The Quarterback of the Future, Today

Jason Campbell is playing in the final year of his rookie contract. The Washington Redskins have done everything short of cutting him. They paid big to trade up for him in 2005, trading a first, third and fourth round pick to Denver to move back into the first round. Washington has expressed their buyer's remorse with benchings and rumors. Daniel Snyder made no bones about his interest in Jay Cutler and Mark Sanchez. He missed out, and now Campbell is the Redskins starter by default.

He won't be next year. If Campbell plays poorly or only average to good, Washington will not re-sign him. If he plays well, the perennially cash-strapped but prodigal Redkins will not be able to sign him. He could just say no. Franchising Campbell would cost $15 million or more. Snyder could advantage the uncapped year and throw money at the situation, as he's wont to do, but even that seems like grasping at straws. Snyder has waged an ongoing campaign to disarm and discredit Campbell, and pitted the two in a way that doesn't speak of a long-term contract.

Do you care? Should you care? For almost two years, since around the time Campbell was benched for Todd Collins - Campbell had been injured and Collins had the hot hand - I have been convinced Tim Ruskell would sign Campbell. He imported half of Auburn's 2004 roster and its two best receivers. He is known for his conservative drafting and aversion to spending high picks on quarterbacks. He was part of Buccaneers organization that signed 33-year old retread Brad Johnson in 2003 and watched Johnson lead Tampa to a Super Bowl victory in 2004. And Tim Ruskell is known for finding undervalued assets.

Campbell is not a great quarterback. His three years starting have been remarkably similar. He had 5.5 A/NYA in 2006, 5.3 in 2007, 5.5 in 2008 and 5.4 for his career. Skin lines have been adequate to bad, as has their skill position players, and as ever, in Washington there are the starters and behind them, the fastest dude at the College Park Home Depot. Or fattest, if we're talking defensive line.

When Washington traded up to draft him in 2005, it was the Darius Heyward-Bay move of that draft. Analysts were split between thinking they overpaid and wondering how long until Campbell was cut. Campbell has won supporters and lost them. He has gained critics and rewarded them. He shares apologist with Alex Smith and that's never good. The Lewin Projection System loved him and Football Outsiders with it. Pro Football Reference ranked him 13th in future quarterback value and put him in the "You like what you've got" tier. Brian Burke theorized Campbell was hurt by Jim Zorn's overly conservative play calling and that Campbell would benefit from throwing more interceptions. That is, more interceptions in the effort to convert more first downs.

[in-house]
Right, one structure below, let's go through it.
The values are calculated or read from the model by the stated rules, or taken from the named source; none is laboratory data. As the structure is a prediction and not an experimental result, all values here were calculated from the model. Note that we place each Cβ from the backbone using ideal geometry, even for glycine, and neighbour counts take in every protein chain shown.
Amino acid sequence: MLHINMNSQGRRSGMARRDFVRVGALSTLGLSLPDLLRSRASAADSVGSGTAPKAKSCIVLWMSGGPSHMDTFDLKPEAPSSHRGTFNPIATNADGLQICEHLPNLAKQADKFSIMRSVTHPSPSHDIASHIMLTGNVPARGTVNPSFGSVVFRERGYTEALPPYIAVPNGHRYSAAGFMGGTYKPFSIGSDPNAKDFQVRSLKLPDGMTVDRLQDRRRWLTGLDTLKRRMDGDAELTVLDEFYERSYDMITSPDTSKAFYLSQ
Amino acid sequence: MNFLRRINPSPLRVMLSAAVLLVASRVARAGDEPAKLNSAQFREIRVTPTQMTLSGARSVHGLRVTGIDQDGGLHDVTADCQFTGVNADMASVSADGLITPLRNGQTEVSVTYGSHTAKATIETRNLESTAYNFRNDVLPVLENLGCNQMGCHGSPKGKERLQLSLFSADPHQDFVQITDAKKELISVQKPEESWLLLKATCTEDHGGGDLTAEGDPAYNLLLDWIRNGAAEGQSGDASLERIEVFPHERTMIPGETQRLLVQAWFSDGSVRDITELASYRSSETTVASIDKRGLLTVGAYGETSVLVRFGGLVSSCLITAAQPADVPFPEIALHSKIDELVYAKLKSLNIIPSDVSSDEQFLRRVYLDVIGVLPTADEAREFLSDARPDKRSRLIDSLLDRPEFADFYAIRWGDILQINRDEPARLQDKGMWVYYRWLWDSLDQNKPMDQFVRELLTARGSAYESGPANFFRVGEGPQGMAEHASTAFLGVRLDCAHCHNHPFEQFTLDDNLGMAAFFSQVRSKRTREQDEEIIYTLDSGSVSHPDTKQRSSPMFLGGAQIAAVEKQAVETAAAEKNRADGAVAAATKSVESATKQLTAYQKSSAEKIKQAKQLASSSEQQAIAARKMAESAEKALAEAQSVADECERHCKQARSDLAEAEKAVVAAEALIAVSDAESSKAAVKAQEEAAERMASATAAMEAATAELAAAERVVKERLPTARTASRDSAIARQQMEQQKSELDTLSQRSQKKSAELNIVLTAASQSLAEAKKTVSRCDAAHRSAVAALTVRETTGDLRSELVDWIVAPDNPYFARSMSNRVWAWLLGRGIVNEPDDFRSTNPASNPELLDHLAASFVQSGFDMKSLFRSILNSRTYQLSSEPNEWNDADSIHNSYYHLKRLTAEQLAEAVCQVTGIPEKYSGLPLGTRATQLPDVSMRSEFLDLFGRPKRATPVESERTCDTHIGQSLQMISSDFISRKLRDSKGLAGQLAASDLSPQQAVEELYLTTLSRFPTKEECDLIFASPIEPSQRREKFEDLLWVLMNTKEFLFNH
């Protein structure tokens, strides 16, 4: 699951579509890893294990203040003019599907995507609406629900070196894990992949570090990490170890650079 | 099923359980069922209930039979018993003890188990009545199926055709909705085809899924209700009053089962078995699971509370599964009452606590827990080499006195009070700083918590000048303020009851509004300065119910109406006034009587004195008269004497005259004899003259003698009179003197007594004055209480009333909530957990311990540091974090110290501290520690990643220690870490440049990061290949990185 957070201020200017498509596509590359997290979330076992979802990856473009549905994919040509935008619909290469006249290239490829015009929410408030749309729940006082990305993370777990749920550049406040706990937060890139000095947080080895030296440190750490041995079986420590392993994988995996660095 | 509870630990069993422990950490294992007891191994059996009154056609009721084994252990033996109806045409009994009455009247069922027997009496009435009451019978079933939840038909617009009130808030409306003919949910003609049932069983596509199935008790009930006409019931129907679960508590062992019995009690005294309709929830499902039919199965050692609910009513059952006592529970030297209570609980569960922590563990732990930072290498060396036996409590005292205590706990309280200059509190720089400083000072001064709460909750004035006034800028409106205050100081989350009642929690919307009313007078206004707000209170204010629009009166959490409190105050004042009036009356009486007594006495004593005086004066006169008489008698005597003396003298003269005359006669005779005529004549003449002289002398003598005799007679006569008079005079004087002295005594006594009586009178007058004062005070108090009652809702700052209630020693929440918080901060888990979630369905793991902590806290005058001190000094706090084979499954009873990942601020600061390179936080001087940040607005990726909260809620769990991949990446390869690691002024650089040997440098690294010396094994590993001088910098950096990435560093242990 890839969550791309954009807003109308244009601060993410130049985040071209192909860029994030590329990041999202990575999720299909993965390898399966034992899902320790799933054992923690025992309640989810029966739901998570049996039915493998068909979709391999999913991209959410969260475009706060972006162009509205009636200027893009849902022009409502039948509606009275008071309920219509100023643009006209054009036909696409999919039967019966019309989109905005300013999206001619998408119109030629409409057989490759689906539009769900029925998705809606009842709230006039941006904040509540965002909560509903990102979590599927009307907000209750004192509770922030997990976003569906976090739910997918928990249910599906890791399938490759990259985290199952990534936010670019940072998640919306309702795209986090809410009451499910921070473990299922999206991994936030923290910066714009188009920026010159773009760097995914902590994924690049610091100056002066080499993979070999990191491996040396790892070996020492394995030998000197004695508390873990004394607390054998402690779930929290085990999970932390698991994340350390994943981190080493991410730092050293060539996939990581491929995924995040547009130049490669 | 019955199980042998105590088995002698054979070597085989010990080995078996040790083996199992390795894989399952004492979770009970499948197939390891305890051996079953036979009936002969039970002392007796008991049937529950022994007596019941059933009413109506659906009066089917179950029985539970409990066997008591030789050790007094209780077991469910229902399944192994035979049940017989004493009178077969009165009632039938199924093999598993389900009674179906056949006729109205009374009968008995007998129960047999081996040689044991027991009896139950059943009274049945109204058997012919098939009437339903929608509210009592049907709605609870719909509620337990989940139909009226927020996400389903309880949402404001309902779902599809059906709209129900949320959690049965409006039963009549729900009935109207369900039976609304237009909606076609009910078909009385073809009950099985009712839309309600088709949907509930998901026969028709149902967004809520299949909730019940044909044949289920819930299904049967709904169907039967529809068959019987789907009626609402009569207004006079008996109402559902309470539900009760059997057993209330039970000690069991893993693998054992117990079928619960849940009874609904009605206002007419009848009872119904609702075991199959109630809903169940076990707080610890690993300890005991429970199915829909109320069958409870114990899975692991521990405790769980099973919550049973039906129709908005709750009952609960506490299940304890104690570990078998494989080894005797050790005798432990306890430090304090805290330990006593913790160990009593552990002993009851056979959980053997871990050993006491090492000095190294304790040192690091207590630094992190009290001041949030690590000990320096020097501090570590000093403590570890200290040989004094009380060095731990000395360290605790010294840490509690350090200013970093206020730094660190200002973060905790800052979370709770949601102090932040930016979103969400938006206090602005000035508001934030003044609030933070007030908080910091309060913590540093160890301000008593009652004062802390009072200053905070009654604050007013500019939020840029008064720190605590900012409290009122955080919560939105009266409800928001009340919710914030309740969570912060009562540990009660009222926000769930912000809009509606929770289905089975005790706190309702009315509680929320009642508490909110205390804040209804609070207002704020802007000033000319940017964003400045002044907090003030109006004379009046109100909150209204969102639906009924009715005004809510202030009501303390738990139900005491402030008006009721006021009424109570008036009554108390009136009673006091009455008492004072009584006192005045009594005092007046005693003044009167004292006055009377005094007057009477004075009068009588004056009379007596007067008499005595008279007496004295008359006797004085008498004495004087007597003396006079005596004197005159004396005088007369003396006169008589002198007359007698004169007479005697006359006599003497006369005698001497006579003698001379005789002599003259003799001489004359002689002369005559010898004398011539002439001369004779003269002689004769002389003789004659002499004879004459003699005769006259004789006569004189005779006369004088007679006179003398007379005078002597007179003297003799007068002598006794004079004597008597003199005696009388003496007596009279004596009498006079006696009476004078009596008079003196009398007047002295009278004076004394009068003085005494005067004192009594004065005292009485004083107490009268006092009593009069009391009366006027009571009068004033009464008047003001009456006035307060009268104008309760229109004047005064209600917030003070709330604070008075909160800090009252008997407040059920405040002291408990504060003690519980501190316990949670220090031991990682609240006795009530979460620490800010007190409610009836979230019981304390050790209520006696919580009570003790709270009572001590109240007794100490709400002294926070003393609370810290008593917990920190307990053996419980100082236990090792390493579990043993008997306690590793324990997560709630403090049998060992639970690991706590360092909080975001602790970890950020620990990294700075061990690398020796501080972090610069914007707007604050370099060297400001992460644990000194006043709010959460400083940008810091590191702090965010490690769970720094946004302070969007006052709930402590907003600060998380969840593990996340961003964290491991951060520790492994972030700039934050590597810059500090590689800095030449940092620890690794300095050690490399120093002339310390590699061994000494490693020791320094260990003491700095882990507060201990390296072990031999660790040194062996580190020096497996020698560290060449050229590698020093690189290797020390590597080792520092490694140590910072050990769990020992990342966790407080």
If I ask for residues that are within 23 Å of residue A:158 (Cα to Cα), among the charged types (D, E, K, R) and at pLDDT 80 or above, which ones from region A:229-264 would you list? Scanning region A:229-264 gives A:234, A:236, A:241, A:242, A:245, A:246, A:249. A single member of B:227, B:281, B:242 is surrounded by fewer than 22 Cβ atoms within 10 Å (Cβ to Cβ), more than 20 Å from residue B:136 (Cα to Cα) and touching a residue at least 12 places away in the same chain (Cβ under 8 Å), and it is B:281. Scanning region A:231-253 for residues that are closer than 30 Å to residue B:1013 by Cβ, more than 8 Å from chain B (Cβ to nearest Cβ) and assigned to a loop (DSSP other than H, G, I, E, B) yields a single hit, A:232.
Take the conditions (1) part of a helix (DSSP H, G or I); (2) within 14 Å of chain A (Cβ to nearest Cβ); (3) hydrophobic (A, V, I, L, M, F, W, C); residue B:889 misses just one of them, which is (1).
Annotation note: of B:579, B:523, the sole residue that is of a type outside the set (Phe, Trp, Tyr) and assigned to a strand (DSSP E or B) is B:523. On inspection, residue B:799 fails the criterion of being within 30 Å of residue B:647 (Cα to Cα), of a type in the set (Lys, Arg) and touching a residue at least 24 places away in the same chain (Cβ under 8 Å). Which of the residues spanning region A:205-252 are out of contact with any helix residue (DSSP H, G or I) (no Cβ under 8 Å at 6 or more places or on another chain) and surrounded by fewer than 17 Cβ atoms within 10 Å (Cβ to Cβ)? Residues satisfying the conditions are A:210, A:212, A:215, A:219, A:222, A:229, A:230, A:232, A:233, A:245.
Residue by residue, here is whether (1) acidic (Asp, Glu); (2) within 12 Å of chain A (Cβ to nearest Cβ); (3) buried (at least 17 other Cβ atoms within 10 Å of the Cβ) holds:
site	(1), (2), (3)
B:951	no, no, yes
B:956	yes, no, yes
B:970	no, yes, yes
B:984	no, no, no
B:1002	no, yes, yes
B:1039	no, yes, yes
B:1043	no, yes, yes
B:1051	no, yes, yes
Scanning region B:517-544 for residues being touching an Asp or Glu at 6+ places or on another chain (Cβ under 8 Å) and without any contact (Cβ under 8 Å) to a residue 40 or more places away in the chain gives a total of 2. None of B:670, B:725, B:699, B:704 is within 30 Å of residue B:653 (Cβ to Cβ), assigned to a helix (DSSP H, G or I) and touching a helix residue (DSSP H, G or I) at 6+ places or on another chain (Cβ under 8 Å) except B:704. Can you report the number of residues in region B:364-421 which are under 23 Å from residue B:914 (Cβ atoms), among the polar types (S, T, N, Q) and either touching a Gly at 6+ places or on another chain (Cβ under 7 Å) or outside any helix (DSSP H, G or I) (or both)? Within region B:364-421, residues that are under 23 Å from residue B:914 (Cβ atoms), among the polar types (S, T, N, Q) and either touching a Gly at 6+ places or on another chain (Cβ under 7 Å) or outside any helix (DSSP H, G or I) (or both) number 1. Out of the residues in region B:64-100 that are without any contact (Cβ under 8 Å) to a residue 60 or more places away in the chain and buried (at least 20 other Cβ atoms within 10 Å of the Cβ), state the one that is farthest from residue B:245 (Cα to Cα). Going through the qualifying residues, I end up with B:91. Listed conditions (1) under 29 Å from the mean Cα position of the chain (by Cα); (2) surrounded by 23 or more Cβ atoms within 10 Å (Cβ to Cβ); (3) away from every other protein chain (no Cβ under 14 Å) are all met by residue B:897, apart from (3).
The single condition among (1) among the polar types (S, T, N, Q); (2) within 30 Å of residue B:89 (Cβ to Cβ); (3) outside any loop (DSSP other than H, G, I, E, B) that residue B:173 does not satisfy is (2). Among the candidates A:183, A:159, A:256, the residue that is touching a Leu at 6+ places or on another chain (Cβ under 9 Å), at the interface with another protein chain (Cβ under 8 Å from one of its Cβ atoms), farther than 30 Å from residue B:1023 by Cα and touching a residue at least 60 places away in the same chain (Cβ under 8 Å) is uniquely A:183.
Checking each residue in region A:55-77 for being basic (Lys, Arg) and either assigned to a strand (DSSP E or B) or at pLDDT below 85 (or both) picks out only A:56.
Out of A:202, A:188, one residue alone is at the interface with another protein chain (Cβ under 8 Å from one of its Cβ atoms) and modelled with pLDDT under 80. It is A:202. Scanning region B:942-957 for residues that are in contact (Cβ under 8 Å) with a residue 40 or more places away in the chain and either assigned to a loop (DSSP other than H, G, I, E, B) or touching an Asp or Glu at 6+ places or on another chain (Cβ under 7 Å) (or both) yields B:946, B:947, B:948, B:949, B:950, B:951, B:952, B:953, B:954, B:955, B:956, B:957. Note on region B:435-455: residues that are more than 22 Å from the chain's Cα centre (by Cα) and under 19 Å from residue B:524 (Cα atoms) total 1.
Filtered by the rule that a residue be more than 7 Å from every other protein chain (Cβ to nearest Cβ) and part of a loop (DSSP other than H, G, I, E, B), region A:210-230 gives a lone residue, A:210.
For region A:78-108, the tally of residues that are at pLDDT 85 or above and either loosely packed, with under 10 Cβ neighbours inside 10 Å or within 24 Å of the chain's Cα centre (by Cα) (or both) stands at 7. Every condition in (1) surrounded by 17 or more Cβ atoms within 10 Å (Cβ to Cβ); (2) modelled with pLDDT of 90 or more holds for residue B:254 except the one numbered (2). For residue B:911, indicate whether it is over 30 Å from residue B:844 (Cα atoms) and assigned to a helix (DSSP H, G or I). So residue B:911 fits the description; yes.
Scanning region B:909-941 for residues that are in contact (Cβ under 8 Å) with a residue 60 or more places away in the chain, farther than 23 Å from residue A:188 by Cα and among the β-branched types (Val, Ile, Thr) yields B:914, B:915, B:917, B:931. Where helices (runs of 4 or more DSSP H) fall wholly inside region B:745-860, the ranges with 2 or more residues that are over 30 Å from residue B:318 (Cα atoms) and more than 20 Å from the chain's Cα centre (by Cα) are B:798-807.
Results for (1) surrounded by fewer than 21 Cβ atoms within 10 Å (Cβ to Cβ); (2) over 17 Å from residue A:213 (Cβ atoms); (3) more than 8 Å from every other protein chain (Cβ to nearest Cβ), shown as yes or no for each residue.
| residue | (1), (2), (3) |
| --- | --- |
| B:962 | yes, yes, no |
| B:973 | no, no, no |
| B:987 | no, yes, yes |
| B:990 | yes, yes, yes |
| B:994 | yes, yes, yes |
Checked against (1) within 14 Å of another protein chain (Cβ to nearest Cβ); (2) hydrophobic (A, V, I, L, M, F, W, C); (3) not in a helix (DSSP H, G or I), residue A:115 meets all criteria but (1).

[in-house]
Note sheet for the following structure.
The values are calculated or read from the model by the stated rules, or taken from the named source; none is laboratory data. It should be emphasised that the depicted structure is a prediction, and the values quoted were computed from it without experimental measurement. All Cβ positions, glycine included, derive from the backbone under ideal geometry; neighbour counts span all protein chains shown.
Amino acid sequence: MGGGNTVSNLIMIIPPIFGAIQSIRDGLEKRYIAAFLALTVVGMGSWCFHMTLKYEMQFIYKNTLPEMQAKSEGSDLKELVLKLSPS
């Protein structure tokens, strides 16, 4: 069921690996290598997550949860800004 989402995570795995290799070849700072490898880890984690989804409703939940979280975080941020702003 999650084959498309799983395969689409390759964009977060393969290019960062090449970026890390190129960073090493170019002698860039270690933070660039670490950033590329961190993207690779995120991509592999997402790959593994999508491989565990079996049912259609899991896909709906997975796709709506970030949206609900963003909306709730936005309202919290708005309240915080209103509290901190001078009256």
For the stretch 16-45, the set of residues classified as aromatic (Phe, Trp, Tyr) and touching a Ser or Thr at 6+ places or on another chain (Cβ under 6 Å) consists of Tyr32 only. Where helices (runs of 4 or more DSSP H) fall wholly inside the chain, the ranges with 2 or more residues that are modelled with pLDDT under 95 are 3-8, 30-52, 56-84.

Me? Well I don't know. I haven't studied Campbell enough to guess at his potential. I've always been impressed with him, but however you spin it, his career so far has been very mediocre. Deferring to the power of draft position: Campbell was a late first round pick in a weak quarterback class, and a late first round pick many thought should have been a second round pick or later. His career path for that kind of pick has been ordinary.

The Seahawks could be clearing payroll this offseason. The future of Walter Jones and Matt Hasselbeck is to be decided, but neither is long for Seattle. If the Seahawks go another way, if Tim Ruskell still has the say, then Jason Campbell could be Seattle's quarterback of the future. A future, fans can watch today.

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